Ann Johnson, Director, ACT Rochester
Over 200 people from government, business, nonprofit and education sectors from the region attended the announcement of the 2013 Community Report Card by ACT Rochester Thursday morning at the Rochester Museum & Science Center.
Hosted by the Rochester Area Community Foundation, ACT laid out an actual report card for how well nine counties in the region is faring in education, health, housing and six other areas compared to New York State. The grades would show a continuation of highs and lows, with room for improved performance.
These counties include Genesee, Livingston, Monroe, Ontario, Orleans, Seneca, Wayne, Wyoming and Yates.
“The report shares with the community how we really are doing. The report is very accurate; there is no embellishments or scale sliding,” Ann M. Johnson, ACT Rochester Director said.
Charts, graphs and series of indicators within each topic area, when viewed together provide an overview of the progress and problem spots.
“We know the city has problems but there are so many different indicators as reasons why that it’s challenging to know exactly what they are as a whole,” said Johnson.
The areas where our region is in worse shape than the state, by 10 percent or more, are the arts, community engagement, financial self-sufficiency, and public safety. The longer-term deteriorating trends are disconcerting for three of these four categories, with the exception of public safety.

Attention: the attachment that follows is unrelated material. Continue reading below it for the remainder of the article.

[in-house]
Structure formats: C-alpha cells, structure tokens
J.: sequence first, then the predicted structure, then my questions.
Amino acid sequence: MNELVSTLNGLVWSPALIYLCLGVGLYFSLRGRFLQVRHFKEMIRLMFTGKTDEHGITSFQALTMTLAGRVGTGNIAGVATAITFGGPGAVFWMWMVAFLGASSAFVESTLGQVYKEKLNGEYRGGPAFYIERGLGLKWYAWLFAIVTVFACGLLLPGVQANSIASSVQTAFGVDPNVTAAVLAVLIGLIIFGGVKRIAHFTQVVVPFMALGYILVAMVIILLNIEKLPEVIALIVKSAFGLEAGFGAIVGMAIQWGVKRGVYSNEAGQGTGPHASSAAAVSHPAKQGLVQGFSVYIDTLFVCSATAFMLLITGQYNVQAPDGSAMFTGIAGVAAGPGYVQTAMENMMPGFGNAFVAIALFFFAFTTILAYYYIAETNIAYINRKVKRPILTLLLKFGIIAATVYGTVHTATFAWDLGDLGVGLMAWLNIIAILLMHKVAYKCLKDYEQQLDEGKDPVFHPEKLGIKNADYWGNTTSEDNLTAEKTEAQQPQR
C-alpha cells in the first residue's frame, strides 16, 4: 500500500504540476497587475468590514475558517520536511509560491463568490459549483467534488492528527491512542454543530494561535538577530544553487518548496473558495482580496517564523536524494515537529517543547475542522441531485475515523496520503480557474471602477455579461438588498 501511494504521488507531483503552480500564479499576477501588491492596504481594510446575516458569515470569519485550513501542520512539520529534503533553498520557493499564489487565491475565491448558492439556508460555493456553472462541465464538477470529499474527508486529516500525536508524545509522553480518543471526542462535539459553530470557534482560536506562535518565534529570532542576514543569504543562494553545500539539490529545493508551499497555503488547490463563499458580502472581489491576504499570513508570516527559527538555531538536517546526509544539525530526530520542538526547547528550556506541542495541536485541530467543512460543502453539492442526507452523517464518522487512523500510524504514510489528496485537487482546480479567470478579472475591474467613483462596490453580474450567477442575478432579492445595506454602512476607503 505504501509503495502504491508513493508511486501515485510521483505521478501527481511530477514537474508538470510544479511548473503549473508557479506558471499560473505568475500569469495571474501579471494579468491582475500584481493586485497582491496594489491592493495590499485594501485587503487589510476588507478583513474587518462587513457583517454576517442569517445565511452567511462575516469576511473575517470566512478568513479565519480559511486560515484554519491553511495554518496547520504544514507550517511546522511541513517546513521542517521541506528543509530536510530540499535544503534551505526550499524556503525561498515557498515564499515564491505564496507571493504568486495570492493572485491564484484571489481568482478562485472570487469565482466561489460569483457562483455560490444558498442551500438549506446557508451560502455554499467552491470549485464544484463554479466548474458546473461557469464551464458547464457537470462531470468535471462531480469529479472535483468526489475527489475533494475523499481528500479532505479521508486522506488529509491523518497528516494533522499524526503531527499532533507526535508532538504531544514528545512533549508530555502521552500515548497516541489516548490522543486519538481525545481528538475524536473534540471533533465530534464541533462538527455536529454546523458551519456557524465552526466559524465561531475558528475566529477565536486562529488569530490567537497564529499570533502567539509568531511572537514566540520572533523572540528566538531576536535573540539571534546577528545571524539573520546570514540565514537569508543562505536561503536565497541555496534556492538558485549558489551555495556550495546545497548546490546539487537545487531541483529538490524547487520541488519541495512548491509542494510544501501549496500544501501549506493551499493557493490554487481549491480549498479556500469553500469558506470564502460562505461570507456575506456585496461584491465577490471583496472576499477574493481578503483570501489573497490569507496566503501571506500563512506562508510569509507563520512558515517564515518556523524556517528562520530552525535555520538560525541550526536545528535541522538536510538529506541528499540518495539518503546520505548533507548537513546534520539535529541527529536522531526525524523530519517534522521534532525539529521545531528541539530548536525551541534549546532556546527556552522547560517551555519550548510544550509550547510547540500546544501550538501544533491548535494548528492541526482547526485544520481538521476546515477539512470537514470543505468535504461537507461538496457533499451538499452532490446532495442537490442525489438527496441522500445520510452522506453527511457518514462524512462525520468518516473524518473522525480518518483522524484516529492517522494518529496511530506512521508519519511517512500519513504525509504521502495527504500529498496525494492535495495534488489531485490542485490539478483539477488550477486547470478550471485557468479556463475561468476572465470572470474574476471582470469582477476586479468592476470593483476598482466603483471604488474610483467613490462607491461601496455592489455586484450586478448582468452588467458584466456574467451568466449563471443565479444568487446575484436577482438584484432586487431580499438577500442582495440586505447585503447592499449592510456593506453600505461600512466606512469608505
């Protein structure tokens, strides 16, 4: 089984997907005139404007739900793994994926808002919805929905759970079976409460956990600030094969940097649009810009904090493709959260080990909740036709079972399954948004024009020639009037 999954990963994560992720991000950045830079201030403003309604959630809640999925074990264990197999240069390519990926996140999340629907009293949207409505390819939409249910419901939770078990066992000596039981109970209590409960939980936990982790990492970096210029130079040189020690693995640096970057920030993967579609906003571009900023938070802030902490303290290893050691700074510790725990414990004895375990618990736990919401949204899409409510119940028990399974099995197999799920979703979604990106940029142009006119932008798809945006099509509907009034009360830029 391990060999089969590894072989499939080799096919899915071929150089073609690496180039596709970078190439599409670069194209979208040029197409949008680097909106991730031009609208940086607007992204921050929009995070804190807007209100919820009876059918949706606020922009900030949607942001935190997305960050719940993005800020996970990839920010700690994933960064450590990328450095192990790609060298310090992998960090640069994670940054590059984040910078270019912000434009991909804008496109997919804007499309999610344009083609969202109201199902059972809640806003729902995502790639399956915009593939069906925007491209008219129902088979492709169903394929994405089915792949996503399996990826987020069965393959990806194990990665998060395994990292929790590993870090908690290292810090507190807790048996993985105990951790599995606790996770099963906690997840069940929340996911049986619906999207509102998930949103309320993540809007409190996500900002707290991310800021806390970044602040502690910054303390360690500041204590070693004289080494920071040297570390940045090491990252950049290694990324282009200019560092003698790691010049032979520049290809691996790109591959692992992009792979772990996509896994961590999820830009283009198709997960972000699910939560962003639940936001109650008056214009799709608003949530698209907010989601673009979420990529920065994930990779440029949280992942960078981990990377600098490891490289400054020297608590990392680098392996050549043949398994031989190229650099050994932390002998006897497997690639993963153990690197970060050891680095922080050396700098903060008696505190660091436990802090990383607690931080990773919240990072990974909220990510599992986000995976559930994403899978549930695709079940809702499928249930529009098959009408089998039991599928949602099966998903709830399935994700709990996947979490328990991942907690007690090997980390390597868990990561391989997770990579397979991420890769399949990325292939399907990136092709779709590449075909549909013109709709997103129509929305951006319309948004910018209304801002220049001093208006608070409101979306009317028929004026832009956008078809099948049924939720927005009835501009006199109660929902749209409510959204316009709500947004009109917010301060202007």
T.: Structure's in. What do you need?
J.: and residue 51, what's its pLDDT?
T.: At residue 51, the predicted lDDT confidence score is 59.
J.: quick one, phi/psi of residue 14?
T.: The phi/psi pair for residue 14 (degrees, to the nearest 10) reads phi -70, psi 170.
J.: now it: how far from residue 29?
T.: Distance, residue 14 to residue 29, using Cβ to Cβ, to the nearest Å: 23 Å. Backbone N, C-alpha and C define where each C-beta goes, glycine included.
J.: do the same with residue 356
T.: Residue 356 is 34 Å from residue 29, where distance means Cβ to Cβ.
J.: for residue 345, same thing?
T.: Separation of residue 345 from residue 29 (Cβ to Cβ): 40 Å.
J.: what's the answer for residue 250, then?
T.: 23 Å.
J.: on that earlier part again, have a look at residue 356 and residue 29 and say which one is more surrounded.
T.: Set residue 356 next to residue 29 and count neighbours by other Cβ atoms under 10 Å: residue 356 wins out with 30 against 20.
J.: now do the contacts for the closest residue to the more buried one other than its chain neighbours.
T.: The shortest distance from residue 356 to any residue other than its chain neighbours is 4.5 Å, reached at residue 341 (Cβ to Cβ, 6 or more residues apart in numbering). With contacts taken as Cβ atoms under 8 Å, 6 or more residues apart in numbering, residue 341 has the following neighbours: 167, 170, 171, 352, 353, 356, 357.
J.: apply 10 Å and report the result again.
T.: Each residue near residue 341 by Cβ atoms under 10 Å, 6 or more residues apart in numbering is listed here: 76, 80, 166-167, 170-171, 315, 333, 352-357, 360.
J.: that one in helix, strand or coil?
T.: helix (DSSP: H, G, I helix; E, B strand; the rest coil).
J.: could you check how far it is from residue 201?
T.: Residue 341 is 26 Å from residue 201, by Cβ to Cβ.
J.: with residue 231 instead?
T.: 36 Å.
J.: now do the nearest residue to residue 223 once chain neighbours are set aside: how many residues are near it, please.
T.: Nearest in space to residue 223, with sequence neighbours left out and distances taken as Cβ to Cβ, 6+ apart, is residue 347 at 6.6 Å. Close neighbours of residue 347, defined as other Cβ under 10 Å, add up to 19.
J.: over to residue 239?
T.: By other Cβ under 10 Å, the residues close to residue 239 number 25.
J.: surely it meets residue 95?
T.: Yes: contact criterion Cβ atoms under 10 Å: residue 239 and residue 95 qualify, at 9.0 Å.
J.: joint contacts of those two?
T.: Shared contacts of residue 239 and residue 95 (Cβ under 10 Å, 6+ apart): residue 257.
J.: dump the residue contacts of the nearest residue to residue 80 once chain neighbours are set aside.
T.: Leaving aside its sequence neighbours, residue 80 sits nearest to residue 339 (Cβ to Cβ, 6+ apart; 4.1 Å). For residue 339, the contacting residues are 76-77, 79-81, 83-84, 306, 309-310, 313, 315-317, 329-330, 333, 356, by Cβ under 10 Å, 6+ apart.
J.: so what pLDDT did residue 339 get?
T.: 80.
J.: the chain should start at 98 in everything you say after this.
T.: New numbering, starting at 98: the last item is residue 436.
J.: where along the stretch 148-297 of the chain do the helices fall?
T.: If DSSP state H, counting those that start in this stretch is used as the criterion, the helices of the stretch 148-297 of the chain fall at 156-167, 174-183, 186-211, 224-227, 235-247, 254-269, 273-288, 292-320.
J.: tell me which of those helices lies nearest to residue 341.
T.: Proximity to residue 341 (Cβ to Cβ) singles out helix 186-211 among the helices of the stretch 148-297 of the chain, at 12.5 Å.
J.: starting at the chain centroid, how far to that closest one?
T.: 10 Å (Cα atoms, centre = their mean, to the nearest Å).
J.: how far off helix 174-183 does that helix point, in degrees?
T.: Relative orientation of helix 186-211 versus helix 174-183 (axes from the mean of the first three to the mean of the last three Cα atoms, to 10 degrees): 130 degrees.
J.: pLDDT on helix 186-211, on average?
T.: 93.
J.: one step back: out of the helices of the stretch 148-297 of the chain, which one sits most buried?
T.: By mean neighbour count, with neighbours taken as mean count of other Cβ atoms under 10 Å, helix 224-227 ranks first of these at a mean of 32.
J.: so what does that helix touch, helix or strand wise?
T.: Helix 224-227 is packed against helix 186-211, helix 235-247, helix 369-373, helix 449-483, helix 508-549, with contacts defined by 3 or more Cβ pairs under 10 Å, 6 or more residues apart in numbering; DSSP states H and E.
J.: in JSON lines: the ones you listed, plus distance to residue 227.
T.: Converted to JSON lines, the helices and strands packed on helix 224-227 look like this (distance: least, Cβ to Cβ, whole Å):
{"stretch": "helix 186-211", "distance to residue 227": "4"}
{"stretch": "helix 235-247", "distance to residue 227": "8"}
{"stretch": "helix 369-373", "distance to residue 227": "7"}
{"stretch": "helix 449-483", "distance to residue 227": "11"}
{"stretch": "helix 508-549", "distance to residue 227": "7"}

Our regional unemployment rates generally have been lower than the U.S. In the past 10 years there have been three years when the region and U.S. were tied. Until 2013, the region exceeded the U.S.
“This is very concerning,” Johnson said. “It begs the question, what are doing? What are we going to do? The child poverty rate in Monroe County has gone from 19 percent to 21 percent, which is now higher than the New York state rate of 20 percent. That’s horrifying.”
Johnson said there are race disparities that are mind blowing. “…We’re a segregated community. People of color are not doing well. A lot of people have left the city. We don’t have a clear understanding why and because of that there’s no way to decide what to do.”
“We always talk about Rochester being an affordable place to live. Our research shows that it is for certain people. But minorities are owning less homes,” Johnson said. “Typically, you’re supposed to spend 30 percent of your income on rent. We have found that whites in the city spend 34 percent of their income on rent. African Americans spend 51 percent, Hispanics spend 55 percent and Asians 55 percent. How are you ever able to save to buy a home when you’re paying this much in rent?”
When asked about an A, B, C, D, or F grade for the city, Johnson said, “Again, there’s no one reason why these trends are happening and because of that there’s no way to make decision of how to fix it. If there was a grade scale, there is no grade because if you’re looking at things in total, you may create more problems because you miss the details of the all the different situations that created that picture.”
ACT Rochester has promoted three components; learn, connect, and act. Last year, ACT Rochester focused on educating the region about its data
“We had a great crowd, it was really successful. This is 2nd annual report card,” Johnson said.
ACT Rochester has several partners including the Facing Race, Embracing Equity Initiative, YWCA’s Racial Justice Committee and Stand Against Racism Subcommittee, and Unite Rochester.
For more on the regional and Monroe County Community Report Card and detailed Trend Snapshots, visit ACTRochester.org.